Researching Yiddish penny songs (tenement song broadsides of theater and variety show songs, 1895-1925)
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Friday, December 31, 2021

Der liarman - Isaac Reingold's Yiddish version of Schubert's Der Leiermann

It's a good day for endings.

 

Franz Schubert was born in 1797 and died in 1828. Winterreise (Winter's Journey) is a series of songs he wrote to texts by Wilhelm Müller. He knew he was dying, of syphilis; he was correcting the page proofs days before he died at the age of 31. He invited a friend: "Come to Schober's today and I will play you a cycle of terrifying songs; they have affected me more than has ever been the case with any other songs."

 

Isaac Reingold, who wrote so many of the funny and touching Yiddish lyrics featured on this blog (put his name in the search box to find them all), was, at the age of 30, himself dying, of tuberculosis and alcoholism, when he wrote his version of Schubert's song about a hurdy gurdy man, a beggar, who plays in the street, ignored or mocked by passers by. This is the only penny song which was written to a classical melody. At the end, when the narrator asks the street musician: "Will you play my songs on your hurdy gurdy?" surely Reingold was asking if his work would endure after his death.

 

I saved this song for the end of the Lider magazin project, or rather, the trauma of getting it done was terminal! I began, optimistically, a full year ago, securing someone's promise to sing it (as I knew it was no song for me). Hurdy gurdy player Tania Opland sent me her tracks in January. Then the project languished, to my increasing despondency, through winter and spring and summer and fall until finally my dear friend and singing companion Randy Kloko saved it by driving up from Florida earlier this month to record the vocals.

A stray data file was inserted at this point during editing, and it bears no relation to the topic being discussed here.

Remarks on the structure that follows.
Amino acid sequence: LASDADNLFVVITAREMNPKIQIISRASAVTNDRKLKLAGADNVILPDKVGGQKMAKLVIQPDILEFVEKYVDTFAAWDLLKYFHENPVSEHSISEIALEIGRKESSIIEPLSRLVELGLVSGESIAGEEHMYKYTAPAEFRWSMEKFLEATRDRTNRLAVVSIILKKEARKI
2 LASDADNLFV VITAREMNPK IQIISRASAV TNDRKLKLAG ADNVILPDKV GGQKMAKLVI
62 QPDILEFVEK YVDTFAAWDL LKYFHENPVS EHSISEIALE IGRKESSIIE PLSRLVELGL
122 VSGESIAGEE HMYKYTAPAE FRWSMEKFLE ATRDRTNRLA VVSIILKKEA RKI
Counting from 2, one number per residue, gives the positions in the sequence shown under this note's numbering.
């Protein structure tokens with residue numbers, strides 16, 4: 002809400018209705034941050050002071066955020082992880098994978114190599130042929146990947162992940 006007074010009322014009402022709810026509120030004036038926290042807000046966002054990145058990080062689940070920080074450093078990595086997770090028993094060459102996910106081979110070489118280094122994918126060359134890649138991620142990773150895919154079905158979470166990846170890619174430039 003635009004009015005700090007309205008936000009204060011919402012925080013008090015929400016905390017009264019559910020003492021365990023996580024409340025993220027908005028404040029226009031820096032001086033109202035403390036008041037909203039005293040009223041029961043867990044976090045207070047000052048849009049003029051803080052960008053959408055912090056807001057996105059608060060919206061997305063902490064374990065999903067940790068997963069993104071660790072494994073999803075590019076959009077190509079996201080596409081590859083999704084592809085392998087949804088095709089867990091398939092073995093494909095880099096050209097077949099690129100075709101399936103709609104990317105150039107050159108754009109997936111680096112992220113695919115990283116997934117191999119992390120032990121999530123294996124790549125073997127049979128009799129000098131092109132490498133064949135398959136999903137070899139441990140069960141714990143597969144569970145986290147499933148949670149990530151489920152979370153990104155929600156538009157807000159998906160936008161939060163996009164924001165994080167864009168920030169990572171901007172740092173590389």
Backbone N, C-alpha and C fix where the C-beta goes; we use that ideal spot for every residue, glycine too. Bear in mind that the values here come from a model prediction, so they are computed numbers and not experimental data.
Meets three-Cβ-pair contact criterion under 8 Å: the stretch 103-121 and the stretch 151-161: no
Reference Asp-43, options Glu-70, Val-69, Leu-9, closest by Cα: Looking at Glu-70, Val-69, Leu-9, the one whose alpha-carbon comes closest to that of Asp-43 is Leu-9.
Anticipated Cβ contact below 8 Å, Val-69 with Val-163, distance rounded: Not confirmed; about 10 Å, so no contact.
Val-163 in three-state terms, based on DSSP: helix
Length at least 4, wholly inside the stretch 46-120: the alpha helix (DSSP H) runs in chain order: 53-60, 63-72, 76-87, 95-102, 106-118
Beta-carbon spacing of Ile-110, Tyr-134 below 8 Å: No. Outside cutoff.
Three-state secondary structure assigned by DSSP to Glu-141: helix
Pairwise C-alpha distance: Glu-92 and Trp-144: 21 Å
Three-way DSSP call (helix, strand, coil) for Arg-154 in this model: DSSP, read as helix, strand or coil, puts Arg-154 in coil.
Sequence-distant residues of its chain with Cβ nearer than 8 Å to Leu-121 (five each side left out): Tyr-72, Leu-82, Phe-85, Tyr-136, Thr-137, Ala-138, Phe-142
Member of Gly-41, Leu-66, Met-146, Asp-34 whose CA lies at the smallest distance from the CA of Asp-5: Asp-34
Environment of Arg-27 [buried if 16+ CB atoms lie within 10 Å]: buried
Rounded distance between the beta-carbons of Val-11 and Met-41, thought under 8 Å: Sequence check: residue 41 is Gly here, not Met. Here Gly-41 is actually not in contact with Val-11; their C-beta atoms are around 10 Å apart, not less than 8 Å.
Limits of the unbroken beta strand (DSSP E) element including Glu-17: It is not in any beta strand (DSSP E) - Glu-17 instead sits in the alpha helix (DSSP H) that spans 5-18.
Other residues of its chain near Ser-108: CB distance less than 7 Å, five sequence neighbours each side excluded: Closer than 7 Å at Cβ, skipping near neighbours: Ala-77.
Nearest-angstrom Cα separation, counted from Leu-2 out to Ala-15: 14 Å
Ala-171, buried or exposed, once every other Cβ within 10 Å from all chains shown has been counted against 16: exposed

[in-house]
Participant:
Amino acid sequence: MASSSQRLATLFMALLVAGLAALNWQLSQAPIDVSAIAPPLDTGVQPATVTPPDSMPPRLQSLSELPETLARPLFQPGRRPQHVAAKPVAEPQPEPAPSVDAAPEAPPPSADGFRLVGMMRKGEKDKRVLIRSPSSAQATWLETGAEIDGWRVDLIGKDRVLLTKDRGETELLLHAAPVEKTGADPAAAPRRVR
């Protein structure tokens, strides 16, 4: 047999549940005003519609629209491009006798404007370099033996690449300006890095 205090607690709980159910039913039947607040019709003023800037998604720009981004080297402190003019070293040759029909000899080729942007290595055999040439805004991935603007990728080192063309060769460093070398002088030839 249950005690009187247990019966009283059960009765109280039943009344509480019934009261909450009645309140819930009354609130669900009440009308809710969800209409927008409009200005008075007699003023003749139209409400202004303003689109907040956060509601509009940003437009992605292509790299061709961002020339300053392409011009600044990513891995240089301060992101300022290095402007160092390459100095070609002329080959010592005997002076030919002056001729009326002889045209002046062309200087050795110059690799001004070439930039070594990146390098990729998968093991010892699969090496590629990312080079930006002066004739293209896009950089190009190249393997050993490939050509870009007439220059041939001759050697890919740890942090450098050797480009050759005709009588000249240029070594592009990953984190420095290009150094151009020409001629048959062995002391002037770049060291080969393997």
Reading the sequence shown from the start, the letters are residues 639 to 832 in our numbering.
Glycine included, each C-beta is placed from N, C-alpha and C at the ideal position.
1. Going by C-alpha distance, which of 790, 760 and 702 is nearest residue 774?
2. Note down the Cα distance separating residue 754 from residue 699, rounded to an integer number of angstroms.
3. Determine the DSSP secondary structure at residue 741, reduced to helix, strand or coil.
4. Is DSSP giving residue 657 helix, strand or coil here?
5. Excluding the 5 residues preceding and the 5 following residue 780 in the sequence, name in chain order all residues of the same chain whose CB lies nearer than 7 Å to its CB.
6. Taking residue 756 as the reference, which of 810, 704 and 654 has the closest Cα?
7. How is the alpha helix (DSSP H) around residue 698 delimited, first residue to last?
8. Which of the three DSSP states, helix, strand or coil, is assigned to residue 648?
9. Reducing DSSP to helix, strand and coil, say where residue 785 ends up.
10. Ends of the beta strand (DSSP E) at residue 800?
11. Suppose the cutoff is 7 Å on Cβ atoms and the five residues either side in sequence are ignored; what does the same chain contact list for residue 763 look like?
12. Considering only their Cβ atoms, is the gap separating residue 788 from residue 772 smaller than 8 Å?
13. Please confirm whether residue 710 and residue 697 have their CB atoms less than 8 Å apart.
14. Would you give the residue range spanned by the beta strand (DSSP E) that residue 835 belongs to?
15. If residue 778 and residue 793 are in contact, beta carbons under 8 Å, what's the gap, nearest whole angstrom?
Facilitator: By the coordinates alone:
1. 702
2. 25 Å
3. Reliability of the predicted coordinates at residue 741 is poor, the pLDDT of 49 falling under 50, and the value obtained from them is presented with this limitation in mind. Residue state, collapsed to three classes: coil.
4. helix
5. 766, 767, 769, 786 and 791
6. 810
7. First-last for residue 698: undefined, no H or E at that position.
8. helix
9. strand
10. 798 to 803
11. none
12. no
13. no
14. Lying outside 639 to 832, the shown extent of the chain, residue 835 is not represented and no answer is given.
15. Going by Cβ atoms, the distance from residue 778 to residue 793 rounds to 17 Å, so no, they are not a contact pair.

So, my eternal thanks to Randy for being part of this adventure, and thanks to Tania for waiting patiently (in the mean time she got so enthused about the song she did her own double-hurdy-gurdy version, in English). And thanks to Jack Herrick who put in hours with me mixing the song as the holiday season approached and I'm sure he had lots of better things to do.

 

Thanks to Vivi Lachs, who sent me the 20-some issues of Lider magazin which I've been working on for the last few years.

 

And thanks to those of you who have taken the time to let me know these songs have moved you in some way. 

Here's our living room recording.

Transliteration and translation after the jump. 

Der layerman
farfast fun Yitskhok Reingold
To sing with Schubert's melody from "Leirmann"

Teglekh af der shtrase zitst eyn layerman
Un farbay der mase shpilt er vos er ken
Dreyt un dreyt di korbe, shpilt un shpilt alts mer
Dokh di betler torbe blaybt im imer ler

Keyner vil im hern, keyner vil im zen
Un di milionern zaynen tsu gemeyn
Frayndlekh grist im keyner, a betler hot keyn verth
Im kenen nor di shteyner un der shtoyb fun d'rerd!

s'lakhn fun im kinder makhn im tsum shpas
Dokh frayndlekh iz der blinder, trogt keynmol keyn has
Un zo shpilt er imer, teglekh af der strit
Un baklogt zikh nimer af zayn shver gemit

Liber guter alter, loz mikh geyn mit dir
Vilstu mayne lider shpiln af dayn lir?


Every day a hurdygurdy man sits on the street
The masses pass by, he plays as best he can
He turns and turns the crank, he plays and plays, on and on,
But of course, his beggar's bindle always remains empty

Nobody wants to listen, nobody wants to see him,
And the millionaires are too vulgar
Nobody gives a friendly greeting; a beggar is worthless.
Only the stones know him, and the dust of the earth.

Children laugh at him and mock him
But the blind man is friendly, he hates nobody
And so he always plays, every day, on the street
And never complains of his dejection

Dear good old man, let me go with you.
Will you play my songs on your hurdy-gurdy?

 


For sheet music and/or performances contact me: jane@mappamundi.com

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